The Amateur Table – Celebrating emerging talent in the food industry

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The Amateur Table – Celebrating emerging talent in the food industry

We were thrilled to be invited along to the first Amateur Table supper club led by founder and Essential Certificate alumna Lily Gjertsen.

Supper clubs: arguably one of the most popular ways to eat out at the moment.

Not only is this understandable from a diner’s perspective – an opportunity to indulge in four or five courses of delicious food, often with drinks pairings, in a sociable environment with fellow food-lovers – it also holds a massive appeal for chefs. What better way is there to unleash your creativity? The event acts as a stage on which you can explore your culinary identity.

However, you might be reading this as an aspiring chef; someone who dreams of one day running their own pop-up or supper club but who currently lacks training and experience. To those people, the thought of creating a set menu, sourcing ingredients, working out costings, preparing the food and serving it to 45 – 50 people is probably quite intimidating.

This is where The Amateur Table steps in. On Saturday 3rd March, we headed to Battersea for the first in their series of supper clubs, which aims to showcase the talents of culinary students and graduates.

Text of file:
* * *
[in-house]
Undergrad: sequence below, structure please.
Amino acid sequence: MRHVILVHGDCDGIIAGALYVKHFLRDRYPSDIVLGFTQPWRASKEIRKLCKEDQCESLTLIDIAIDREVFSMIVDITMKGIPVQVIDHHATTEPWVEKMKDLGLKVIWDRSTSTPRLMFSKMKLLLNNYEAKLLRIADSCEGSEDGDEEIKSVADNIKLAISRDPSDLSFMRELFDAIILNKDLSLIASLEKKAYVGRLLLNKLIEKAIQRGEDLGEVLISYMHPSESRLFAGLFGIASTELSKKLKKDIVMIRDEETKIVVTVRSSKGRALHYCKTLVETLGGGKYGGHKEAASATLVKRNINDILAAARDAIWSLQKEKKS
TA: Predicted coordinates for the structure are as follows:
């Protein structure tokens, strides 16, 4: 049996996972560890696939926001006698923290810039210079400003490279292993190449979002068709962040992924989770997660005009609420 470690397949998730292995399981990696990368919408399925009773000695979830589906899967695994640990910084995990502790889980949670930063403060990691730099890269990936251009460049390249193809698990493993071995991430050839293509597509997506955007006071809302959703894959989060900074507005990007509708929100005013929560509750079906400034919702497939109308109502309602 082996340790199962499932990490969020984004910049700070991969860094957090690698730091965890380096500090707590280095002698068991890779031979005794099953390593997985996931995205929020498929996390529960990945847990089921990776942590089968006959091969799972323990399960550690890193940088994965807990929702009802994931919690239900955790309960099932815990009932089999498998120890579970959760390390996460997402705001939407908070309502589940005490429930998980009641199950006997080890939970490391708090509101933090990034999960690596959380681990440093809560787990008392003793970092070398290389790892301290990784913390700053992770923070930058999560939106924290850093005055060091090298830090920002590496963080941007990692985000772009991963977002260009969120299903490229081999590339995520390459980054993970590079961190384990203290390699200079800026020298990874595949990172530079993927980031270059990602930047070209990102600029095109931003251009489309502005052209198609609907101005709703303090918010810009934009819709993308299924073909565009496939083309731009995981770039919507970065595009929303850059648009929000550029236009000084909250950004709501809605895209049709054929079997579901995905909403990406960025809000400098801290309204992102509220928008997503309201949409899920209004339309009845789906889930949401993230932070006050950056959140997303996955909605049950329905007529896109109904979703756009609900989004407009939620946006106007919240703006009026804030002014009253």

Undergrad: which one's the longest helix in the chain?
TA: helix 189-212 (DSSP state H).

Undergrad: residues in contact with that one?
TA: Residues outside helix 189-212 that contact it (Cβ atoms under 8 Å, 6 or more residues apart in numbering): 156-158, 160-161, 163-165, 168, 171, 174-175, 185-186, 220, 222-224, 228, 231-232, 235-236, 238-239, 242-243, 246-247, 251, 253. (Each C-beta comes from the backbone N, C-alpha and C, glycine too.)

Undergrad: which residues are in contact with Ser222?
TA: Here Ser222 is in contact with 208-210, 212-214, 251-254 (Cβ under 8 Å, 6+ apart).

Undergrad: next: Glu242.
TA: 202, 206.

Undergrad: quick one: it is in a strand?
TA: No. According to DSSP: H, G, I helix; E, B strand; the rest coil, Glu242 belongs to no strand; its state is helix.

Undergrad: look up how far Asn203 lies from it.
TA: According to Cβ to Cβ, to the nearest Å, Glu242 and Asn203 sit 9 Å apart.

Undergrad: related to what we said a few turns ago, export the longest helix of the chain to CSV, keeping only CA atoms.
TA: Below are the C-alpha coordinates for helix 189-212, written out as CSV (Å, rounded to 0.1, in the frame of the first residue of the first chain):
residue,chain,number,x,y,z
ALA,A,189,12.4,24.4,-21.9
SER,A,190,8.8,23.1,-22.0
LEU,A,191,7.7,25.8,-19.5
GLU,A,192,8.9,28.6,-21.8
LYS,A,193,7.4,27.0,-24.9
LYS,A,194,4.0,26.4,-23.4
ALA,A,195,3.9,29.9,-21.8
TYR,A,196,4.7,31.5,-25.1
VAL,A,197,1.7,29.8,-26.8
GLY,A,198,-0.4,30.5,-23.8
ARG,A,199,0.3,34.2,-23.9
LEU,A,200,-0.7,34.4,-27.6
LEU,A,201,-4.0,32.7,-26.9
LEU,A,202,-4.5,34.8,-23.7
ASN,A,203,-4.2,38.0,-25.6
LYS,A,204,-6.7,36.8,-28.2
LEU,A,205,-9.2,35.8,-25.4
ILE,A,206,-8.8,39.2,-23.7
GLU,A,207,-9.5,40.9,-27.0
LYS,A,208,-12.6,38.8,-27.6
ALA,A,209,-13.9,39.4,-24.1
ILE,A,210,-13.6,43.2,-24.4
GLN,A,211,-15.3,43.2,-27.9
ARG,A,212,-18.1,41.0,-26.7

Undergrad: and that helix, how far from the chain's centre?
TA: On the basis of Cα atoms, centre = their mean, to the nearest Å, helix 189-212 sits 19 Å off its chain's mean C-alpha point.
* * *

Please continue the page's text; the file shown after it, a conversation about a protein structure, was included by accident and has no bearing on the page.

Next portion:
“Lily guides each chef through the buying process for the event, costing the menu, portioning, and negotiating with suppliers.”

The events act as both a platform and a mentoring scheme for keen amateur chefs. Perfect for those wanting to bridge the gap between simply having the skills and the passion required to do well in the food industry, and becoming experienced in the running of pop-ups and supper clubs.    

On the first Saturday of each month, a promising chef is handed the reins of a professional kitchen and given complete responsibility to develop their own menu and deliver it to the highest standard.

Lily Gjertsen, founder of The Amateur Table and Leiths Essential Certificate alumna, guides each chef through the buying process for the event, costing the menu, portioning, and negotiating with suppliers. Not only that, she’s also secured a venue partnership with London Cooking Project, which is a new private social enterprise committed to developing and nurturing young talent in the field.